Mobile devices are becoming a new target for spam and malware attacks as the volume of spam emails begin to decrease, according to new information from Kaspersky Lab.
The latest Kaspersky Lab Security Bulletin says the volume of spam emails in 2015 decreased to 55.28% of overall email traffic – a fall of 11.48% on the previous year.
According to the company, the significant slump in spam emails can be attributed to the increasing popularity of legal advertising platforms on social networks and coupon clipping services.
Spam goes mobile
In 2015 cybercriminals continued to send out fake emails from mobile devices and notifications from mobile apps containing malware or advertising messages, Kaspersky Lab explains.
New tactics included fraudsters spreading malware in the form of .apk (Android executive files) and .jar (ZIP archives containing a program in Java).
In addition, cybercriminals masked a mobile encryption trojan behind a file containing updates for Flash Player. After launching, the malware encrypted images, documents and video files stored on the device with users receiving a message telling them to pay a fee in order to the decrypt files.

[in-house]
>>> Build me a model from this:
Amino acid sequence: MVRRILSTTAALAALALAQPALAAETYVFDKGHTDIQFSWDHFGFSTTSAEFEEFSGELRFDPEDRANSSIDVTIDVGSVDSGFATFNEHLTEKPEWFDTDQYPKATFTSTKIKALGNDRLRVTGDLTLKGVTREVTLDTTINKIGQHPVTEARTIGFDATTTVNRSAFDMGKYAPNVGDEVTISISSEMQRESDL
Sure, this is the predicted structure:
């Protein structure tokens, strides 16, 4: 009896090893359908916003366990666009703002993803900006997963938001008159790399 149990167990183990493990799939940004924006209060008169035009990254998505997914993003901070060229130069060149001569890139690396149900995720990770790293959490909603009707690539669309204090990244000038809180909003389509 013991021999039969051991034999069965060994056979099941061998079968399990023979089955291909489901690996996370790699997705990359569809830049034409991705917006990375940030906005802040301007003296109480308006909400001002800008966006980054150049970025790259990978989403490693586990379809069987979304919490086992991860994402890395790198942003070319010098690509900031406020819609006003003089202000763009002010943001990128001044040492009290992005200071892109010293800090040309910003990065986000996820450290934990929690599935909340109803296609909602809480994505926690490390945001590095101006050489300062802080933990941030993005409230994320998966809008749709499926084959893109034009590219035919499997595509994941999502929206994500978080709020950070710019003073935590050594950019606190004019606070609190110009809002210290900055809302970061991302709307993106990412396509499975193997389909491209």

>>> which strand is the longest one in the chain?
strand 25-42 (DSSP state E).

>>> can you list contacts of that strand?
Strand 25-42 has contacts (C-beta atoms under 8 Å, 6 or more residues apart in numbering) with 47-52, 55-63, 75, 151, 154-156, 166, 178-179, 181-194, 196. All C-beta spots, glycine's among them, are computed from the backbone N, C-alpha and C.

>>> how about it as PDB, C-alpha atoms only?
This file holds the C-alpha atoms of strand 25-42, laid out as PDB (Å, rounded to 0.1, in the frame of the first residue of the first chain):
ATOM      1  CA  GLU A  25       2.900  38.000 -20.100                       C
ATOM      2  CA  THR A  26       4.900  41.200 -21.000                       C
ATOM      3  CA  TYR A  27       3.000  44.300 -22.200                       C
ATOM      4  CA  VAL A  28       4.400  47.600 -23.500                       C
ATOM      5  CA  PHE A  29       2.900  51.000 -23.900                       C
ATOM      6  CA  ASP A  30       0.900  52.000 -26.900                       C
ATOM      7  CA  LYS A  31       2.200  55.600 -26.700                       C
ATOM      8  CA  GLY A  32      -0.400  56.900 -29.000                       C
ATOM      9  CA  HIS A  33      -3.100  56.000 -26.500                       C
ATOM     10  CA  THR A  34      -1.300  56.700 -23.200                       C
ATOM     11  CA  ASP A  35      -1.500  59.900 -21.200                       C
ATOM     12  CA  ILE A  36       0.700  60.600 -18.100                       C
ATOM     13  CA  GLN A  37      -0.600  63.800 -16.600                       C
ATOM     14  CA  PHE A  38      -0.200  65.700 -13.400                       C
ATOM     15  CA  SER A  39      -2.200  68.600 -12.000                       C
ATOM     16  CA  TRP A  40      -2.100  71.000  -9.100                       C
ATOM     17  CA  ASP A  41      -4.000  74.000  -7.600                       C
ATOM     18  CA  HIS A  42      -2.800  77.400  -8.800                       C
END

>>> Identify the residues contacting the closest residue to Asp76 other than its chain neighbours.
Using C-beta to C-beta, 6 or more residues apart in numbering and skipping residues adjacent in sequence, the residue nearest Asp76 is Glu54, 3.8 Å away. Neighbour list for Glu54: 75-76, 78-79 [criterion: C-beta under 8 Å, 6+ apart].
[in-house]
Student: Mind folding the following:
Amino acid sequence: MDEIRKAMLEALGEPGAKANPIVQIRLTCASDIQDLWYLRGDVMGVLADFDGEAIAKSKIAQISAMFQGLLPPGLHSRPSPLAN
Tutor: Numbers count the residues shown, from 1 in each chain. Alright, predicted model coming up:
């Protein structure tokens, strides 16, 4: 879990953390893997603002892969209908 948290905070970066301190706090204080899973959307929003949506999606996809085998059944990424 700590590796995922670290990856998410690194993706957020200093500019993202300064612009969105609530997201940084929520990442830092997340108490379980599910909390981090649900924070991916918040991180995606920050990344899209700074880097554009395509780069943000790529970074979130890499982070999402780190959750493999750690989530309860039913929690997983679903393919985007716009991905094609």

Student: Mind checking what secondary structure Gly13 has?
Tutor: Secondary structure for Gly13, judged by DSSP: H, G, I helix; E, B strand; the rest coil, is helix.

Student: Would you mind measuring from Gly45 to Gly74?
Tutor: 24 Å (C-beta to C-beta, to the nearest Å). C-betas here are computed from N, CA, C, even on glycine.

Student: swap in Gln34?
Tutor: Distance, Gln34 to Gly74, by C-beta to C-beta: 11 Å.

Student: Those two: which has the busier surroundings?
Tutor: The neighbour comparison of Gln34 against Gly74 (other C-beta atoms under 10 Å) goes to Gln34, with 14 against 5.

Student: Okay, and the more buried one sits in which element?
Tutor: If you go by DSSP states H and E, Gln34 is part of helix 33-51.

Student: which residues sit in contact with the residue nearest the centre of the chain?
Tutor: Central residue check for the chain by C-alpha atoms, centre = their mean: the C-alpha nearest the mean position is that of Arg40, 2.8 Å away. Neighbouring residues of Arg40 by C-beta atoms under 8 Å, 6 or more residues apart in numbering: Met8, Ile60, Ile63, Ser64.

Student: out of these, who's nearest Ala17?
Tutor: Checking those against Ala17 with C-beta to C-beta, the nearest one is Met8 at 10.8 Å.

“The increased use of mobile devices in our everyday life to exchange messages and data, as well as access and control bank accounts, has also resulted in increased exploitation opportunities for cybercriminals,” explains Daria Loseva, spam analysis expert at Kaspersky Lab says.
“Mobile malware and fraudulent spam is becoming more popular and efforts to dupe victims are becoming more sophisticated year on year, with the emergence of apps that can be used by cybercriminals both directly (for sending out spam, including malicious spam) and indirectly (via phishing emails),” she says.
“Mobile device users therefore need to be on their guard and remain vigilant, as cybercriminal activities in this area are only likely to increase, along with our reliance on devices,” says Loseva.
The Kaspersky Lab spam report also identified the following trends in 2015:
Hot spam topics of the year
Although the Olympic games in Brazil has yet to take place, fraudsters have already started to exploit the event, sending emails announcing false lottery wins and asking the recipient to fill in a form with their personal details.
In these attacks, emails with pdf attachments, pictures and other graphical elements were designed to fool the spam filters.
‘Nigerian’ fraud used the Ukrainian political situation, the Syrian civil war, the election in Nigeria and the earthquake in Nepal to exploit the kindness and empathy of recipients with believable email content. These emails contained content calling for material support for a person in need.